AHRI student Isabella Ferreira has been awarded an astounding grade of 96% percent for her Masters project.

Supervised by AHRI Faculty Member Dr Alex Sigal, Isabella’s research was aimed at understanding why people are not cured of HIV when they take antiretroviral therapy. Her work was specifically focussed on identifying the cellular HIV reservoir in lymph nodes. It’s hoped that a better understanding of the cellular HIV reservoir will, in time, help scientists to target them to either kill the cells – or to reactivate the virus in order for the immune system to clear it.

“I was really shocked when I received my results because I was aiming for 75% or so,” said Isabella. “However now I do realise that I spent the past six months working really hard on my thesis, perfecting things and putting a lot of effort into it. I had a project that I was excited about and so I felt that by the time it came to the writing I was very comfortable with the project and I knew a lot of the literature.”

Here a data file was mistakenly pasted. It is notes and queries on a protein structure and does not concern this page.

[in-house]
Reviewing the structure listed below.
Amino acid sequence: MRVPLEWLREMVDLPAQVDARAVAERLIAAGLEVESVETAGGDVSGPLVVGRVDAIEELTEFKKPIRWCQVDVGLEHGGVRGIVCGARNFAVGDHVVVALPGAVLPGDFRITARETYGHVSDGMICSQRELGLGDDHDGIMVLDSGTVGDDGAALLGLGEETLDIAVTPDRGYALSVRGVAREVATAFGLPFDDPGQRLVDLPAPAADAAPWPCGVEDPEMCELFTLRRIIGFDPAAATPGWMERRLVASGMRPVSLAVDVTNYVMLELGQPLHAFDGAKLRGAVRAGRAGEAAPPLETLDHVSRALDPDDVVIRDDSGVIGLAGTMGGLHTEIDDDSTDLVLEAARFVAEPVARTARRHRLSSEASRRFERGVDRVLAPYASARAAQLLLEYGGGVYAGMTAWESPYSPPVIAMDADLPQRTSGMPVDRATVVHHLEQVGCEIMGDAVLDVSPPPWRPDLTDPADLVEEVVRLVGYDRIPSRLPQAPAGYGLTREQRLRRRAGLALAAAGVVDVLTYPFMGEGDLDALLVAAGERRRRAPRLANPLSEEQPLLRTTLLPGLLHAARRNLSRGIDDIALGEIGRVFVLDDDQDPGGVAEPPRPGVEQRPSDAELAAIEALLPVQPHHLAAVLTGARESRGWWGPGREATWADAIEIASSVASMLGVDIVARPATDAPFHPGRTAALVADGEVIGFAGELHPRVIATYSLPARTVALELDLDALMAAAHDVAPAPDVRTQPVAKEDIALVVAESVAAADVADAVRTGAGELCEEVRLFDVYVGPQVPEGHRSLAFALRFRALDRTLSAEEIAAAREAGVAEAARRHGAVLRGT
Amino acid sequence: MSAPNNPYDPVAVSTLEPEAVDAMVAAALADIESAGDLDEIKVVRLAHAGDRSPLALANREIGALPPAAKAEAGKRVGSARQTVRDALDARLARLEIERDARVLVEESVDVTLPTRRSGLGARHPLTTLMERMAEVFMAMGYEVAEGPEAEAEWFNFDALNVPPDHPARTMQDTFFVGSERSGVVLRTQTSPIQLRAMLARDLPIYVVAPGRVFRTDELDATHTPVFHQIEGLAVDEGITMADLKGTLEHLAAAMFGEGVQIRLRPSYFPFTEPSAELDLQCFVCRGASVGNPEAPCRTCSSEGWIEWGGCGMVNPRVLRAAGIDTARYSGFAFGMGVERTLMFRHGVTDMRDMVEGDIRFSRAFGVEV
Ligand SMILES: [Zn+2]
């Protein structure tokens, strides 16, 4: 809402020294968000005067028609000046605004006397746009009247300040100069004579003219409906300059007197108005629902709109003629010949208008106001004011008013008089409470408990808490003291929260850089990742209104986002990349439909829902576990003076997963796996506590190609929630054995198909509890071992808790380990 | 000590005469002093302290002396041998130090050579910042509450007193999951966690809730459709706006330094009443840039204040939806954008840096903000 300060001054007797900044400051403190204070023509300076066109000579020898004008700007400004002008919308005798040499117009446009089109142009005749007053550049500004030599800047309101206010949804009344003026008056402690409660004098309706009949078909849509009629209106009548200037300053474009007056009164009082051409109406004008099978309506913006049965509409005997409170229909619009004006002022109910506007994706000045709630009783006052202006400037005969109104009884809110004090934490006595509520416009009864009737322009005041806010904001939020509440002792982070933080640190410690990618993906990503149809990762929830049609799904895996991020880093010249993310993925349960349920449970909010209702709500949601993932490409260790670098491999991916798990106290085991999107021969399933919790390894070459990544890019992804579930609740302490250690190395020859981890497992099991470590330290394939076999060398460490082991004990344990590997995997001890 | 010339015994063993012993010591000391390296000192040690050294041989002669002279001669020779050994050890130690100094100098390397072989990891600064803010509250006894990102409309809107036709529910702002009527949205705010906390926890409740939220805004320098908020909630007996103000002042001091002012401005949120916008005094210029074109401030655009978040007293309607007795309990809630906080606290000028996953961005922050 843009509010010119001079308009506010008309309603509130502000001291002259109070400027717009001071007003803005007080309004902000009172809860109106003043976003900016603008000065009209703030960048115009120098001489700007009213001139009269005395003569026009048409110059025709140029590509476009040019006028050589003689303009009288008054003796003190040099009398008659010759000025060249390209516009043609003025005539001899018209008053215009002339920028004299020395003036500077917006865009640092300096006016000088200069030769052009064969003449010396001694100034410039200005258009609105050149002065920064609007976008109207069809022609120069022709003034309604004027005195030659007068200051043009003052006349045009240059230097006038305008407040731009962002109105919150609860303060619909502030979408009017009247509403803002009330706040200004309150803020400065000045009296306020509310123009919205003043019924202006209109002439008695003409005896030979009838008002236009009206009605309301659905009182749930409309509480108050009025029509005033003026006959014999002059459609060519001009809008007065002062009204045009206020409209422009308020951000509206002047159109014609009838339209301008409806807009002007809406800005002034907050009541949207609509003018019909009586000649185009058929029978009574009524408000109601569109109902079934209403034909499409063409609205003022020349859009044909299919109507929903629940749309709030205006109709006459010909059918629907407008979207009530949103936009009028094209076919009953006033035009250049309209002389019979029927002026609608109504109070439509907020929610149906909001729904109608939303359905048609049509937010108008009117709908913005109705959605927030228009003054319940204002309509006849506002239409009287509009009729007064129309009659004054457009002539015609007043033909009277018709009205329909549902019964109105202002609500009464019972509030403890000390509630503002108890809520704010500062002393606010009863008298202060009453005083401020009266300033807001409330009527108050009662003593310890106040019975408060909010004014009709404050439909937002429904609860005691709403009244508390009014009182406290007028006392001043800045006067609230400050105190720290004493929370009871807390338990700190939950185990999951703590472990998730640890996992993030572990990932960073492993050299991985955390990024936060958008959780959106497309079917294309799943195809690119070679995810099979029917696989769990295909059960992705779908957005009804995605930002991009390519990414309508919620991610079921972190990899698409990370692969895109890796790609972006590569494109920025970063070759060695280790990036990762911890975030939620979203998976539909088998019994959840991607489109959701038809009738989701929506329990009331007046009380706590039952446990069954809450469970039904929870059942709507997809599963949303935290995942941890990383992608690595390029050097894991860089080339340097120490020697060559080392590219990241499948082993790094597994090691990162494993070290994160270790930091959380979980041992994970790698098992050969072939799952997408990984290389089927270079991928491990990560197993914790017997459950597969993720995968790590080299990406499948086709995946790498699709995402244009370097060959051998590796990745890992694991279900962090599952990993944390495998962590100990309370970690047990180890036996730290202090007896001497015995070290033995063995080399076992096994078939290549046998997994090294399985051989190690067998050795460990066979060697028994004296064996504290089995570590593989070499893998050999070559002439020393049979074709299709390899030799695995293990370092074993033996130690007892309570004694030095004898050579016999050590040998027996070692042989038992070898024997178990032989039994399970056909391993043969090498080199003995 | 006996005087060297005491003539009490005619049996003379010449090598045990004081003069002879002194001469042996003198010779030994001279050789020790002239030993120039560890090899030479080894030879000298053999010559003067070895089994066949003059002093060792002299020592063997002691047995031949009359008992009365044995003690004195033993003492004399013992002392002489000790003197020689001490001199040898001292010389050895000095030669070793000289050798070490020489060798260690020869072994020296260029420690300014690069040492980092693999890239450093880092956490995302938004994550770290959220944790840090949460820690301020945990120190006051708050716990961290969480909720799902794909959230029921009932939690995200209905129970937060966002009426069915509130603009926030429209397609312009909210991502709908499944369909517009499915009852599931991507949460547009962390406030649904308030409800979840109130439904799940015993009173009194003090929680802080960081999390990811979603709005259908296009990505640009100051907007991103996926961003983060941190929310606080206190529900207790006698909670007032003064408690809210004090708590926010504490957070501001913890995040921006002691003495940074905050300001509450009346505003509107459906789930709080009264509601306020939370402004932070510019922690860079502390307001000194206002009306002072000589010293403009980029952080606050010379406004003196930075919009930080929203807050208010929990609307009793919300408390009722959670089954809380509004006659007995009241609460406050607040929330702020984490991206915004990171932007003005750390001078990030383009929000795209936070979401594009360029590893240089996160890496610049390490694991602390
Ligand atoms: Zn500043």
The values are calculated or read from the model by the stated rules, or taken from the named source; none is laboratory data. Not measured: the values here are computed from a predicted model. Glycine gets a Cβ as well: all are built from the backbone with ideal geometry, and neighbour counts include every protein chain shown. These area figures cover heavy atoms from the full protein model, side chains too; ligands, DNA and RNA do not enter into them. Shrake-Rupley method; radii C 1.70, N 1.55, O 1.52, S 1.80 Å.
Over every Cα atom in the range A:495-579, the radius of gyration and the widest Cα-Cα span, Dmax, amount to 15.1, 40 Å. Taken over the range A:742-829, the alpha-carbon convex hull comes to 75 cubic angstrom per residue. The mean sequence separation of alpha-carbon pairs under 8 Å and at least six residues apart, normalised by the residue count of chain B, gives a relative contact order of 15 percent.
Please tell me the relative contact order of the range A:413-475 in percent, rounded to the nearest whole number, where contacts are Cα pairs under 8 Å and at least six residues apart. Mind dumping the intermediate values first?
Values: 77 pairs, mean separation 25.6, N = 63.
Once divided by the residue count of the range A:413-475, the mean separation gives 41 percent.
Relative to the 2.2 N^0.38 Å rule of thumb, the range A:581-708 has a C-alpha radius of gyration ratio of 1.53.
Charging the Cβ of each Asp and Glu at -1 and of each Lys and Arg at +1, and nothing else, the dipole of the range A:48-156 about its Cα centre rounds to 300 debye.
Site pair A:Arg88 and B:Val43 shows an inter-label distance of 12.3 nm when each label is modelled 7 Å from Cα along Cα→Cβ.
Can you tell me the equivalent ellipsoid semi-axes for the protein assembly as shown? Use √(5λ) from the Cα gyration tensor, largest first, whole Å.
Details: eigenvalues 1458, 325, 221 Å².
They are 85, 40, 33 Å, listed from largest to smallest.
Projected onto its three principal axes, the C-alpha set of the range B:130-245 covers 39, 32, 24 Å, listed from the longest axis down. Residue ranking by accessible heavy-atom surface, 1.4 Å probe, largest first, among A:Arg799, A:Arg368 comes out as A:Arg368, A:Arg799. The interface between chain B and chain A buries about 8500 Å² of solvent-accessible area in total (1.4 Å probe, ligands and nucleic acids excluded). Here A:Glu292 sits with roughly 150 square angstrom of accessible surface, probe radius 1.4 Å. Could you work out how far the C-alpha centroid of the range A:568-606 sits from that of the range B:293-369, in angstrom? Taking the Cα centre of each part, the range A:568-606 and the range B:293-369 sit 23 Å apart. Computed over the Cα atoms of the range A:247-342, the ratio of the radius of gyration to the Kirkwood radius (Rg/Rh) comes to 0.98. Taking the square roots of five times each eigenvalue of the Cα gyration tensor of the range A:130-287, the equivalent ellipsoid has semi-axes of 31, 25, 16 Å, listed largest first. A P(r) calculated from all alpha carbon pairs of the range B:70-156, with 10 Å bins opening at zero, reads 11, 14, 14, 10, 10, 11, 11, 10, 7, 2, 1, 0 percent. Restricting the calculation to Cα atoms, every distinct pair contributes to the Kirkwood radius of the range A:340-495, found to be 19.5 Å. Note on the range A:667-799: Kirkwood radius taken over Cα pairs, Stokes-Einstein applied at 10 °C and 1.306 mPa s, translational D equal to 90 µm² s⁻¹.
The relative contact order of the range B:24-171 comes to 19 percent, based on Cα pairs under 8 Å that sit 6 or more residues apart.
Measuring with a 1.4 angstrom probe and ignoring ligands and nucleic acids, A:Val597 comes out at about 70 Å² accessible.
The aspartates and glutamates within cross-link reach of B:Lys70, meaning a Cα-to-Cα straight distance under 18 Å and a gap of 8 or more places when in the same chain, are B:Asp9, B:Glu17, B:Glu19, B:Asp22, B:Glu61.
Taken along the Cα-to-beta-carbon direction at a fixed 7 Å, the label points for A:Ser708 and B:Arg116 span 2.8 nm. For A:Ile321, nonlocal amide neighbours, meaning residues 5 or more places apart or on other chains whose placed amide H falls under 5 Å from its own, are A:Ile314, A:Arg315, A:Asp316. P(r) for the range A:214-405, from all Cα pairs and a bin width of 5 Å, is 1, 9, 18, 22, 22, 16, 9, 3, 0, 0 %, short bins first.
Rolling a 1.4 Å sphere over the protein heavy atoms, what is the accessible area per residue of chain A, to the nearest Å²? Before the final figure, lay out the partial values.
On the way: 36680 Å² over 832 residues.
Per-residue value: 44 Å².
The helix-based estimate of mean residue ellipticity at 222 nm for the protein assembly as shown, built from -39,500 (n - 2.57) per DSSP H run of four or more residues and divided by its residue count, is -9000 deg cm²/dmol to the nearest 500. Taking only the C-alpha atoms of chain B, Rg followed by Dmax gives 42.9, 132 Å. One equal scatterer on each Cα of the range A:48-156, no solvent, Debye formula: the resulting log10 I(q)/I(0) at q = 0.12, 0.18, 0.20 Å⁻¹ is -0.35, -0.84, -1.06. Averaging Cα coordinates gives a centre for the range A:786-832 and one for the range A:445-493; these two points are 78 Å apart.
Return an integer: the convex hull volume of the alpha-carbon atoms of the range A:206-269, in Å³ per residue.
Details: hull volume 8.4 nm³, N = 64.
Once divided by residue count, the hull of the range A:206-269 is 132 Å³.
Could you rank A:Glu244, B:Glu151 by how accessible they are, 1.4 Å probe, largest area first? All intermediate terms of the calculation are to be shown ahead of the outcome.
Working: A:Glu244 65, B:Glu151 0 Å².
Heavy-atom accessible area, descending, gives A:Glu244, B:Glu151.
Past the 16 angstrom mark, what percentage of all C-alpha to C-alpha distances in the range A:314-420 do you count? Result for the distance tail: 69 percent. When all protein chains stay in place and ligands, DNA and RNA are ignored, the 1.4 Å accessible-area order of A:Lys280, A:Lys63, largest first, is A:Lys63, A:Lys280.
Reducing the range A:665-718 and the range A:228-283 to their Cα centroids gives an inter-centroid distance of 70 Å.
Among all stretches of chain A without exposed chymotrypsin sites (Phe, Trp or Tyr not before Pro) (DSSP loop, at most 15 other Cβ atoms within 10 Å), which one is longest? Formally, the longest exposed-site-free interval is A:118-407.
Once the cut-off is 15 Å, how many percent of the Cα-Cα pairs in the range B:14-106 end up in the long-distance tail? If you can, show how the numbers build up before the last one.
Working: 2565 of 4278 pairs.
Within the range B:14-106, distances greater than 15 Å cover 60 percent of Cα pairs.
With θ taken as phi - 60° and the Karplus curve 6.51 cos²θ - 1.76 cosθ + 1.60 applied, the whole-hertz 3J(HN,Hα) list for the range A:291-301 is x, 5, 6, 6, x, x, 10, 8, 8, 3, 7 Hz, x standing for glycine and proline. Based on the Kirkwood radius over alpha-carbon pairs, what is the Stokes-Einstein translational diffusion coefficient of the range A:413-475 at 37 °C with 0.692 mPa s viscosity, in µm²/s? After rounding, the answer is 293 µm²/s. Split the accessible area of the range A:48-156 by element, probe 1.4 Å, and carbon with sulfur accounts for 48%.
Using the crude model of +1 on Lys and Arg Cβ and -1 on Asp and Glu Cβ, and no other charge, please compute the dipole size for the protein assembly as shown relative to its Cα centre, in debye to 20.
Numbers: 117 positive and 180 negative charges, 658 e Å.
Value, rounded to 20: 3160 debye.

“Isabella’s project was at the cutting edge of HIV cure research – determining which cells HIV hides in, in the face of therapy. Isabella carried out this work brilliantly, and we are all looking forward to the publication of the results,” said Dr Sigal.

Isabella will graduate from UKZN in September 2019, and will then embark on a PhD in AHRI Faculty Member Prof Ravi Gupta’s lab at the University of Cambridge. She has won a Gates Cambridge scholarship which will enable her to continue her work on the HIV reservoir, building on her Masters project.

“I’m both excited and nervous about the road ahead,” said Isabella. “I’ve had really great support and guidance from AHRI and SANTHE, which makes everything that much easier.”